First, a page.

The USS Bexar (APA-237) was a Haskell-class attack transport. By design, the vessel was meant to carry cargo and troopship.
The USS Bexar mainly operated during the Korean War and the Vietnam War by ensuring the transport of armament and army forces in the combat zones. The vessel was awarded three battle stars for its service in the Korean War and another five for its efforts in the Vietnam War.
Technical Features of the USS Bexar (APA-237)
Class and type: Haskell-class attack transport
Launch date: 25 July 1945
Commissioning date: 9 October 1945
Decommissioning date: 7 August 1970
Displacement: 14,837 t full load
Length: 455 ft
Draft: 24 ft
Beam: 62 ft
Speed: 18 kts
Complement: 86 officers and 1,475 enlisted
Capacity: 35 t
Fuel capacity: NSFO 7,780 Bbls
Propulsion: one propeller, 8,500 shp
Armament: one 5-inch/38 caliber gun mount, one 40mm gun mount, four 40mm gun mounts, and ten 20mm gun mounts.
History of the USS Bexar (APA-237)
The USS Bexar was built by Oregon Shipbuilding in Portland, Oregon. The ship was commissioned on 9 October 1945, with Captain R. H. Wilcox assigned as commanding officer. After completing shakedown exercises, the Bexar took part in Operation Magic Carpet. Until February 1946, the ship transported troops from the Pacific. Still, in the early part of 1946, the Bexar was commanded to Pearl Harbor in order to train for Operation Crossroads.
In the month of June, the ship was sailing to Bikini Atoll, where Operation Crossroads was taking place. The operation was meant to test the effects atomic bombs have on warships. More than 200 vessels participated in the initiative, 75 of them having been assigned as targets. The role served by the Bexar in the operation was that of providing supplies to the rest of the fleet. In 1947, the Bexar accompanied Amphibious Force units from the Atlantic Fleet at Norfolk, Virginia.
In 1948, the ship was on a Mediterranean deployment from January to February. Then, starting from March 1948 to July 1950, the vessel took part in training exercises off the East Coast. In 1950, the Bexar left Norfolk for Mediterranean waters again. By August, the ship had embarked Marines and was sailing to Japan. Immediately after, the ship was ordered to Korea, where it contributed to the landings at Inchon in September and Wonsan in October. In order to support the operations in Korea, the Bexar was commanded on two more deployments in the Far East, one lasting from August 1951 to May 1952 and the other from July 1953 to December 1953. During the 1953 tour, the Bexar also participated in Operation Big Switch, with its focus being the transportation of prisoners from Koje Do to Inchon, Korea. From October 1954 to April 1955, the Bexar was sailing Far East waters once again. Its most notable operations were related to the evacuation of the Tachen Islands. The ship was involved in the Vietnam War for three years until 1969.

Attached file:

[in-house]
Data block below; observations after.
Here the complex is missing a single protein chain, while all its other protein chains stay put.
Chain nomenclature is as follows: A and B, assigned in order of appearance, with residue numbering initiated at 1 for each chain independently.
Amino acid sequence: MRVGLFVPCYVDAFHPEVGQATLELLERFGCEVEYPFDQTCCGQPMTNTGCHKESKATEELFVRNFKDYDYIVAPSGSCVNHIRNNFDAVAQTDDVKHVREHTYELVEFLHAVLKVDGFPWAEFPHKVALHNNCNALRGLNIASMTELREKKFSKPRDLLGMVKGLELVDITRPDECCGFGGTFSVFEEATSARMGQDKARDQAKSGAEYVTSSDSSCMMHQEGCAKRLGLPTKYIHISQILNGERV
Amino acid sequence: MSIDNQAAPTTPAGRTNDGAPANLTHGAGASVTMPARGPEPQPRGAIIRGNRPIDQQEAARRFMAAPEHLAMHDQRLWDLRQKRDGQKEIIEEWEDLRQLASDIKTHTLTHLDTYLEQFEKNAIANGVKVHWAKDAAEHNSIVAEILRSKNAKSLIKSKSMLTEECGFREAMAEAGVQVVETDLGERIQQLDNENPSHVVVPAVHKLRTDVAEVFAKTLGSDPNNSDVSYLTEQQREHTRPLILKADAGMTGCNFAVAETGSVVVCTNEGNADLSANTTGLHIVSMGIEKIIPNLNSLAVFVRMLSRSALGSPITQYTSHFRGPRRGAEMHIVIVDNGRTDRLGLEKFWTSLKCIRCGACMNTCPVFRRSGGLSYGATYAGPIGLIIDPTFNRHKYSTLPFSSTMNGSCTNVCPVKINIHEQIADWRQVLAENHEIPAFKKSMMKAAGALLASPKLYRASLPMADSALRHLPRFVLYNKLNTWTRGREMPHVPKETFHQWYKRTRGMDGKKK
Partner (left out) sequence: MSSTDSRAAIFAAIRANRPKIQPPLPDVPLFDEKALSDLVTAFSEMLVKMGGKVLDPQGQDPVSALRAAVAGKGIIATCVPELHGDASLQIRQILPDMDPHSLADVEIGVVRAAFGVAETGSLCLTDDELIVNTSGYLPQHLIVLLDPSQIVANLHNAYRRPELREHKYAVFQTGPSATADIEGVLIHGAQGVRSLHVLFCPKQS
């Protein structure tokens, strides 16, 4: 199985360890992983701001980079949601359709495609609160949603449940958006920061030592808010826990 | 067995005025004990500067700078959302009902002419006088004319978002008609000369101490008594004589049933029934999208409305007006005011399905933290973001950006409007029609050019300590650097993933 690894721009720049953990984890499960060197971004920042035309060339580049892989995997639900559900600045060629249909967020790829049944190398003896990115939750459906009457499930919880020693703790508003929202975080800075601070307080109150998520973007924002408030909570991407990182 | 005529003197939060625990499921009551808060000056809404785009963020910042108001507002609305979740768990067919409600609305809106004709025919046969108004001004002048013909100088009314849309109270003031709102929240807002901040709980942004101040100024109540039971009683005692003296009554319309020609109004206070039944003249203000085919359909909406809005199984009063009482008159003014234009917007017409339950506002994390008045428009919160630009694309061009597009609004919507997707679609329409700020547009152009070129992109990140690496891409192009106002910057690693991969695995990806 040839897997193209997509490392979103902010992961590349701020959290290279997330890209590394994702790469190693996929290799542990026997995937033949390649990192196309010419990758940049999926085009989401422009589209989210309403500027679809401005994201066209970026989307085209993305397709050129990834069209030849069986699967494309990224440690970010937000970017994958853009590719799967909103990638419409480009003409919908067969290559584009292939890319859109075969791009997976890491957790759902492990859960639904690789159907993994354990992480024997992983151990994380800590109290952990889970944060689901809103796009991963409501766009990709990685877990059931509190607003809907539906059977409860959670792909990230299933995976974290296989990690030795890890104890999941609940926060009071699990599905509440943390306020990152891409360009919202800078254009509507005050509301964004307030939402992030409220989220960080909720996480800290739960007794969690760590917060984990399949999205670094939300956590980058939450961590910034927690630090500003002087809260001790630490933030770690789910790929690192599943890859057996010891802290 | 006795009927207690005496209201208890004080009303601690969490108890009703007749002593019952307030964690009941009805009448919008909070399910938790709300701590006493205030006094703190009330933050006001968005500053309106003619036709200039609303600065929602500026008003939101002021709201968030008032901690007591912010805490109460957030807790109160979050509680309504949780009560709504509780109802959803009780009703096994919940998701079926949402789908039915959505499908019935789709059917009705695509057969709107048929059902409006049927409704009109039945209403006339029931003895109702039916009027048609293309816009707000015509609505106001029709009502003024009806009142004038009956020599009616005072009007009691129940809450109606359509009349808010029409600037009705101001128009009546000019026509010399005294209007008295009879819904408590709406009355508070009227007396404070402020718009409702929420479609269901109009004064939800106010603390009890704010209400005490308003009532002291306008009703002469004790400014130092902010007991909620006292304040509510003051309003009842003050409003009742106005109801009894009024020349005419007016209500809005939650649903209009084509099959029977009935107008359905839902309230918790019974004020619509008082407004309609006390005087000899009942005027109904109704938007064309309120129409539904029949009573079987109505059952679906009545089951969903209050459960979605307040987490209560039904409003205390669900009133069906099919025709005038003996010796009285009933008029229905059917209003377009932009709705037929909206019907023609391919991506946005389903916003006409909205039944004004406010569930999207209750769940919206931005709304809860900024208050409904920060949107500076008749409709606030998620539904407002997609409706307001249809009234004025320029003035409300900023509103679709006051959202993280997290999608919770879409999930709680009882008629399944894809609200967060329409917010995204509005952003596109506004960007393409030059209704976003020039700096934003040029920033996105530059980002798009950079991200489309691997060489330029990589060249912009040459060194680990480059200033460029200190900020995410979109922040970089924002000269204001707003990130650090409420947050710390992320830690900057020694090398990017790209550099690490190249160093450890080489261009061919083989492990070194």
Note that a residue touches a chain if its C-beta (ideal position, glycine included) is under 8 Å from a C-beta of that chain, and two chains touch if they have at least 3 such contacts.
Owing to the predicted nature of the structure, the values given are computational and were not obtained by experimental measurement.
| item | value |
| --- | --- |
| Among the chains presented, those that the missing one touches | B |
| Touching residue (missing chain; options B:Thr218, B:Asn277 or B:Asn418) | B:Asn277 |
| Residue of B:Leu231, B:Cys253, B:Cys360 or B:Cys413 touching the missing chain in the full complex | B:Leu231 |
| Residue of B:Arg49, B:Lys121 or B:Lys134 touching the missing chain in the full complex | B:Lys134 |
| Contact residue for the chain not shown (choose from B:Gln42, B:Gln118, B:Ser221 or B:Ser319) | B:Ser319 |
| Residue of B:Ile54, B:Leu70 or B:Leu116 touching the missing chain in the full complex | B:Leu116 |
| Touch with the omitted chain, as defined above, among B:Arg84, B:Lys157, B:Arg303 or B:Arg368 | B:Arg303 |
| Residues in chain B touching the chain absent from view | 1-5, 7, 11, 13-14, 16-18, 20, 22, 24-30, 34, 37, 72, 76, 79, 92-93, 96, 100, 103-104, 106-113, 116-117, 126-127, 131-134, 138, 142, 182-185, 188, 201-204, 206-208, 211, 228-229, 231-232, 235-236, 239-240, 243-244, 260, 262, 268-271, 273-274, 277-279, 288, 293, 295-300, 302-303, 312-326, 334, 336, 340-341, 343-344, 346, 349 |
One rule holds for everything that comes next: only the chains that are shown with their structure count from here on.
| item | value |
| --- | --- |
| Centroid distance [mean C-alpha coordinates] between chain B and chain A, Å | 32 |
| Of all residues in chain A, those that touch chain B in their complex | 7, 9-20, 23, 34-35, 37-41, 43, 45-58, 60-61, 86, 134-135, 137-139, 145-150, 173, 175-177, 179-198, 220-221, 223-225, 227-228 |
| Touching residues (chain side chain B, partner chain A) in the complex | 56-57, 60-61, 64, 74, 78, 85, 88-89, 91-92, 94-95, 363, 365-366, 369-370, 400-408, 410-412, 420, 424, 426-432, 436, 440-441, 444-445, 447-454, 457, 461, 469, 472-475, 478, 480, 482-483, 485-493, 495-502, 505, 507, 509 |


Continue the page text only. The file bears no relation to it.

The USS Bexar was placed out of commission in August 1970 and taken off the Naval Vessel Register on 1 September 1976. In June 1982, the vessel was sold for scrapping.
Asbestos Risks on the USS Bexar (APA-237)
Until the late 1970s, the U.S. military in general, and the Navy especially, were known to have used asbestos-embedded materials in the warship building and repairing processes. Asbestos was the popular choice because of its acknowledged resistance to high temperatures and accessibility.
Suspected even back then but brought to light after the 1970s was the fact that the mineral in question was extremely harmful to the health of those who inhaled or ingested the fiber. There was asbestos in cement, in the floor and pipe insulating materials, gaskets, and valves. It was especially dangerous for the personnel working in narrow spaces, like the rooms located below the deck, because of the poor ventilation in those areas.
However, those working below the deck jobs, besides having been exposed themselves, also exposed the rest of the crew by carrying the toxic fiber around the ship on their clothing. If someone you know served in the U.S. Navy and suffers from a malignant asbestos-related disease, you should consider informing them that there are ways to recover damages.
Have You Been Exposed to Asbestos on the USS Bexar (APA-237)?
We can help you understand in a comprehensive manner the way one could have been exposed to asbestos in the U.S. Navy. If you have cancer and want to pursue your case legally, we can put you in touch with asbestos lawyers.